9 Things Panera Bread’s Website Does Right

Posted on January 28, 2015

With 1,845 bakery-cafes in 45 states and Ontario, Canada, and with plenty of following to open another 1,000, Panera Bread is one of the rare franchises that blends artisan sandwiches with an ambient atmosphere reminiscent of European cafes. Having just cut artificial additives from their sandwiches, Panera looks to a very progressive future.

So what about their website? Does their website reflect their burgeoning artisan culture?

After looking through their site, I’ve identified 10 great things about the Panera Bread website. If you own a small town bakery looking to build a website, or if you’re just looking for great websites, here are 10 things to emulate.

First Impressions 

  1. Unique and Interesting Tabs

First off, the tabs reflect Panera’s brand. You see not only “Menu Items,” but also “Craftsmanship” and “Community,” “Locations,” and “MyPanera.”

Of the tabs, I love the use of that word, craftsmanship. You’re not getting food hot off the assembly line: you’re getting a well-crafted sandwich made in the kitchen.

Likewise, community fits Panera’s purpose well, “We are a symbol of warmth and welcome.” To be a symbol of warmth and welcome, you have to reach out to your community. And that’s what Panera does.

So yeah. Panera’s tabs reflect the brand. 

2. High Def. Images

After the tabs, I immediately notice the images. Now, for one, these are damn good pictures. As many photographers know, taking pictures of food is hard, mostly because of the absence of other sense stimuli. In person, you don’t just look at food: you smell it, touch it, and taste it. How, then, can you activate these senses through photography?

Panera does this through vivid colors. The soft tortellini squares, mixed with greens and onions.  The yellow soup in the bread bowl, the contrast of reds and greens and browns, the forks and spoons and knives remind me of lunch. And, then, I feel hungry.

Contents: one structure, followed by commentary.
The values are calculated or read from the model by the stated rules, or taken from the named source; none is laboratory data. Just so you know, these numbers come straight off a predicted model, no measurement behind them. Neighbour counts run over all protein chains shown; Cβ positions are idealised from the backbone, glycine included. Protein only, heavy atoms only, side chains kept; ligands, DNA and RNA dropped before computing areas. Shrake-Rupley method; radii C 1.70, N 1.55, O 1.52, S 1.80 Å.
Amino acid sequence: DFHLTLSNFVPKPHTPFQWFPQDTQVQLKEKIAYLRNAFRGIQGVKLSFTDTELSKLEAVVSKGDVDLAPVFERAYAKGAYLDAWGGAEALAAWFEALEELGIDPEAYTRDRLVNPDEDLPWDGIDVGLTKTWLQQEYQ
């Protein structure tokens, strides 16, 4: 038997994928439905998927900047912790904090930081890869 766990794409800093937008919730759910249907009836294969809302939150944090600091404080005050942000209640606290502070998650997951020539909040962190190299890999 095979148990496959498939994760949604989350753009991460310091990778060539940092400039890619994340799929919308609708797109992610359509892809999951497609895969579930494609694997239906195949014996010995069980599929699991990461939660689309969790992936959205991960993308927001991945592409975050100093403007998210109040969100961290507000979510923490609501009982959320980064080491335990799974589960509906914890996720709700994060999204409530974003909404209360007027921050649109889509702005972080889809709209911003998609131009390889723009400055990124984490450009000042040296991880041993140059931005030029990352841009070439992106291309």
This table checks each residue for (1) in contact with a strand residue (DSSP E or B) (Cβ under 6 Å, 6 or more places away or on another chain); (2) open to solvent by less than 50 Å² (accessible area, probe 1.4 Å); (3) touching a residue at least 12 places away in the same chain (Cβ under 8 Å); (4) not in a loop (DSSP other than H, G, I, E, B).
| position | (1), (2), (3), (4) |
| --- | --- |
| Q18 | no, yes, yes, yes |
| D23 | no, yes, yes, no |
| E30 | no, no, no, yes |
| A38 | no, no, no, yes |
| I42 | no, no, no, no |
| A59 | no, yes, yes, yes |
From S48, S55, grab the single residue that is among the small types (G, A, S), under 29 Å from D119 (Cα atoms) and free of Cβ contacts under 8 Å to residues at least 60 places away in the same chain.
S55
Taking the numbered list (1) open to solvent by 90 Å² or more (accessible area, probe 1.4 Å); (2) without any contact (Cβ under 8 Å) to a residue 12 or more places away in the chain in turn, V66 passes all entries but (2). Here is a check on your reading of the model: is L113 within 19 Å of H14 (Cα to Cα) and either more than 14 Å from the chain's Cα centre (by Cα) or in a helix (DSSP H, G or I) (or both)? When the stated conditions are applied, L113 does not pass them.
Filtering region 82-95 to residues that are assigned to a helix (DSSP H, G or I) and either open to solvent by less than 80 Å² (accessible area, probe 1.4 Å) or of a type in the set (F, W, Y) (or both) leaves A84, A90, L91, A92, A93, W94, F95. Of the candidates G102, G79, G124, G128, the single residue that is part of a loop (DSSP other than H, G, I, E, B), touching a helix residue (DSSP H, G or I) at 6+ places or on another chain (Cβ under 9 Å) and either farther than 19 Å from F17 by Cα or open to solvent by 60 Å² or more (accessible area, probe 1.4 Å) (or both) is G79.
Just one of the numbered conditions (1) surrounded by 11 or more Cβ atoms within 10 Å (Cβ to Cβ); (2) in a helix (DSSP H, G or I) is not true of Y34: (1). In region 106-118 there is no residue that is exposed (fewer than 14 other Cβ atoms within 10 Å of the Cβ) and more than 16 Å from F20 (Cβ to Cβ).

Notice, too, how the images fill the screen. These aren’t thumbnails. These are high definition photos.

3. Check out that “Freshly Baked Breads”

Okay, so now that I’m hungry, I’m going to check out some of the menu items. The first I click is “bread.” Again, I am confronted with a beautiful picture of a slice of cinnamon raisin bread. Perfect.

After scrolling down, I see a collage of breads. From Miche to Ciabatta, from Sesame Semolina to Asiago Cheese Bread, I see plenty of great images. In addition, on the bottom right corner, I see calories. Now, I’m not big on calories. But I like Panera’s honesty here. Bread contains a lot of calories. Reality faced. Now, let’s eat.

4. How to Make “Today’s Soups”

After the bread listing, I look at the soups. Just like the bread, I see a nice collage of images. But notice the consistency here: each photo is an overhead shot that shows the same size bowl with the same portion of soup in each bowl. Again, the calories are listed on the bottom right.

Somewhere in the middle, you’ll find a video. Though I love the high def. photos, this video catches my attention. For the video I’m watching, Dan Kish shows me how to make Panera’s legendary tomato soup. The video is made well, the steps are easy to follow, and the soup is, well, delicious.

Content Marketing 

5. Stories

By far my favorite part of Panera’s website is their stories section found under the “craftsmanship” tab. The mission statement says it all: “these are stories that define our commitment to the craft.”